The business owner’s retirement roadmap

It’s amazing how many business owners share a similar story. They pour years of their time, energy and resources into building a successful business. But by the time the word “retirement” really starts to appeal, they realise that their neglected personal finances are (let’s put it nicely) in a bit of a mess.

Then come the questions. Can I afford to retire soon? Will it be instant or gradual? How should I take money from the business? Can I help my family financially? When this happens, the prospect of getting retirement-ready feels overwhelming and it’s difficult to know where to even begin.

If you’re in the same boat, don’t worry. We’ve put together this retirement roadmap to help you get your finances organised and make your retirement goals a reality.


Before retirement

If you remember one thing from this article, make it this: start early. Busy business owners often think they can wind down in a few months, but evidence shows it can take three-to-four years to do it properly – from first thinking about it to actually stepping out.

So, take it off the “someday” pile. The day you realise you want to retire – that’s the best time to start. As for the place, it all begins with your first step.

1. Establish your goals

Every journey has a destination. What’s yours? Think about the things that are going to bring you fulfilment in retirement. Taking holidays? Seeing family? Moving home? Staying busy with part-time or charity work? The clearer your vision, the more you can do to achieve it.

It also helps to build a rough picture of how long you want to be doing these things for. People typically spend more in their early retirement, then slow things down later. How might your lifestyle and spending priorities change as the years progress?

2. Explore the possibilities

With your goals down, it’s time to do some financial forecasting. This will show you if and when you can afford to retire in line with your goals – based on your expected spending.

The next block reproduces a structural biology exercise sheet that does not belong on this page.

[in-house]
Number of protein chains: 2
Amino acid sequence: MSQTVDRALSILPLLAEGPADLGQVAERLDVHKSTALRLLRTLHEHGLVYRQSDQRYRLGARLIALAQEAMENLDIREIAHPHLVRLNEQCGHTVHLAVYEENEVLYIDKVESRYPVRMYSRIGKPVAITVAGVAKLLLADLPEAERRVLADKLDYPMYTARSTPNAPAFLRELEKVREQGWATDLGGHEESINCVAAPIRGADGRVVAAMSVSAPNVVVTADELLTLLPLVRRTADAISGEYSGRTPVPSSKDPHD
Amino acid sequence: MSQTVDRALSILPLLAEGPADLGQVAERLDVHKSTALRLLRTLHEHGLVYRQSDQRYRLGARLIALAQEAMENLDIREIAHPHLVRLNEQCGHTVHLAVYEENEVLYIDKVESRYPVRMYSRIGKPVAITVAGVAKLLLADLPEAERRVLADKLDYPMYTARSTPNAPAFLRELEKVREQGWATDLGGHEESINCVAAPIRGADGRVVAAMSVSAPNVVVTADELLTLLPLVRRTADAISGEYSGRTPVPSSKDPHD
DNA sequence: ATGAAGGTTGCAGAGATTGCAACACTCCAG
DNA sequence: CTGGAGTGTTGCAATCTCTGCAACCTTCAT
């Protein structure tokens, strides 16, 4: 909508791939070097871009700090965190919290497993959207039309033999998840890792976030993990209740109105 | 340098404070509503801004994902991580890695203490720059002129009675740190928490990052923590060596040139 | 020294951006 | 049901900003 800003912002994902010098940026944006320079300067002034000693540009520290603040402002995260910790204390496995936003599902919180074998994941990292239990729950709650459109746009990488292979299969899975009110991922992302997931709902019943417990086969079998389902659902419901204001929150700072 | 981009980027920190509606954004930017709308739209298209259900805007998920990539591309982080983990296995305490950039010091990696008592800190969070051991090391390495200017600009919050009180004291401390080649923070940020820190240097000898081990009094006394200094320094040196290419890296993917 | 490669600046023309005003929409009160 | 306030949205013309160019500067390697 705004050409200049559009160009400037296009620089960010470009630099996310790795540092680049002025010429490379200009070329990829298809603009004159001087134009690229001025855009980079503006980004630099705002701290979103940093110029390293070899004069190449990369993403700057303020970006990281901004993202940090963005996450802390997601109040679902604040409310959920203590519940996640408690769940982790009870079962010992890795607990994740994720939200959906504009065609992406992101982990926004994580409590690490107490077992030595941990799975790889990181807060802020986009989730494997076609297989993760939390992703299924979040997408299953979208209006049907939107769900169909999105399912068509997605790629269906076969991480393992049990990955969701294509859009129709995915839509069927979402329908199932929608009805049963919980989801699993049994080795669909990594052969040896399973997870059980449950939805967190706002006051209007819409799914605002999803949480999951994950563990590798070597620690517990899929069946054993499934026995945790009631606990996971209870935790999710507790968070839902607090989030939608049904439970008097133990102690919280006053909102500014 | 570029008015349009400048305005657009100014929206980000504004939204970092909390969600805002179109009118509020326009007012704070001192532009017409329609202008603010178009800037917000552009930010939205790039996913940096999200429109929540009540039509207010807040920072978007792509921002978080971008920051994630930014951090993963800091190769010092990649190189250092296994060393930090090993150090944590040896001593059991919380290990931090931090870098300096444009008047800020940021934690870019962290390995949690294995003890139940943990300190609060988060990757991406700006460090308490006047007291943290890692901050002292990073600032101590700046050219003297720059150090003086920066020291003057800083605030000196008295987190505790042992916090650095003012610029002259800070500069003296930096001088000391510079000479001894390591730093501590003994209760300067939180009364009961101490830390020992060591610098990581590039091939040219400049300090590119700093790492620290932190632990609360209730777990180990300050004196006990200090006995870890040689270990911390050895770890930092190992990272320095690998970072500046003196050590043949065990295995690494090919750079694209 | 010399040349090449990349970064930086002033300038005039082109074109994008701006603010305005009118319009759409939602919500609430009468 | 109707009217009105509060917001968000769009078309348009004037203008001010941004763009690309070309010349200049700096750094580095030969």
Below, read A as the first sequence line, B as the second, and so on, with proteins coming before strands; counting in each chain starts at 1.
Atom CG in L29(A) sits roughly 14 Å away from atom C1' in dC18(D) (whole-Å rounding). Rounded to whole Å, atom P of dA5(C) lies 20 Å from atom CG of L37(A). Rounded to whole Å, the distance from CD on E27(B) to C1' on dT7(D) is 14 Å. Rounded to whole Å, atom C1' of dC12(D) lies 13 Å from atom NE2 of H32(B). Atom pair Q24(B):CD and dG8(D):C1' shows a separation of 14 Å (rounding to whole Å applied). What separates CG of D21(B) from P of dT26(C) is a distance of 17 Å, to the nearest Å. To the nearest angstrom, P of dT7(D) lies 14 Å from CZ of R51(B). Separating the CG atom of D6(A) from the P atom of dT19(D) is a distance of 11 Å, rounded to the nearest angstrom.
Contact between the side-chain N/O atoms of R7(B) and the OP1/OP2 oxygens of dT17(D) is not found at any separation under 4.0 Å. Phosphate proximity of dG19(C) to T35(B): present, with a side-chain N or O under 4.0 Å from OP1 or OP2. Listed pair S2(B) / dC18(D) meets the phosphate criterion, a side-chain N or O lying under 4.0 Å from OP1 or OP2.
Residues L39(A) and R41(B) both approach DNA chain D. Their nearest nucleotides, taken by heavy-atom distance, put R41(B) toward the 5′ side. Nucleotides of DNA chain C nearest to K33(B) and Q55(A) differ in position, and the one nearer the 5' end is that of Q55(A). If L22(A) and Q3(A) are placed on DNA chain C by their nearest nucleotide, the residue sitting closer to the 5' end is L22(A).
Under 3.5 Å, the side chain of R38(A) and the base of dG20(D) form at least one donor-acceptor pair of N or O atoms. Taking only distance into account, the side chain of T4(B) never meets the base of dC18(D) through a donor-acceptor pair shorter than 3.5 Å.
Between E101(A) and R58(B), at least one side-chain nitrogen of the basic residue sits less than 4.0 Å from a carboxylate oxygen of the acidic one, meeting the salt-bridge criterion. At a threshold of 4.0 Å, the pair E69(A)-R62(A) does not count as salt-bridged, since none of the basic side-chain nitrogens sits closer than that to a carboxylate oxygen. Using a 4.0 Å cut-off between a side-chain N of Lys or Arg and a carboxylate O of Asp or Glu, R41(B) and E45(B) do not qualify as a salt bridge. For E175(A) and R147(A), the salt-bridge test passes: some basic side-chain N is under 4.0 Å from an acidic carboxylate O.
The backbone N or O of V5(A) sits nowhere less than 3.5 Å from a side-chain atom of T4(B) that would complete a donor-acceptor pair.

Consider all your income sources (including your partner’s, if applicable), along with your spread of assets and outstanding liabilities (such as a mortgage or children in education).

It’s easy to get blown off course by external events, so test how shock proof your forecast is using ‘what-if’ scenarios. For example, what if your expenditure is a third higher than anticipated? What if the stock market falls and impacts your investments? What if you do part-time work at three days per week?

If your forecast doesn’t hit your goals, then there are a number of tax-efficient ways you can use your business assets to help plug the gap (see step 4 for more on this).

3. Create your strategy

OK, so you’ve got a target retirement date in mind, along with a desired income amount plus an initial capital lump sum to pay off debts or fund a wild, welcome-to-retirement spending spree (the choice is yours)!

Next, it’s time to start extracting money from your business. This could be all in one go or, more likely, over the course of a few years up to retirement. Plan how you’ll exit the business – whether selling it on or winding it up – and therefore how you’ll treat employees.

This is also a good time to review the various financial and protection policies you’ve accumulated over your working life – ISAs, pensions, savings accounts, life insurance policies – the whole lot. Bin the ones you won’t need in retirement, consolidate the ones you will. Determine how you’ll order these policies to get the most efficient income streams.

Explore the options with your business advisors (accountants, solicitors and financial planners) and make sure they’re all on board with the same plan.

4. Get tax efficient

Once you have a plan outlined, make sure you’ll be paying the tax office only what’s necessary. The rest you deserve to maximise for your retirement goals. As a business owner, there are a few ways to boost your tax efficiency.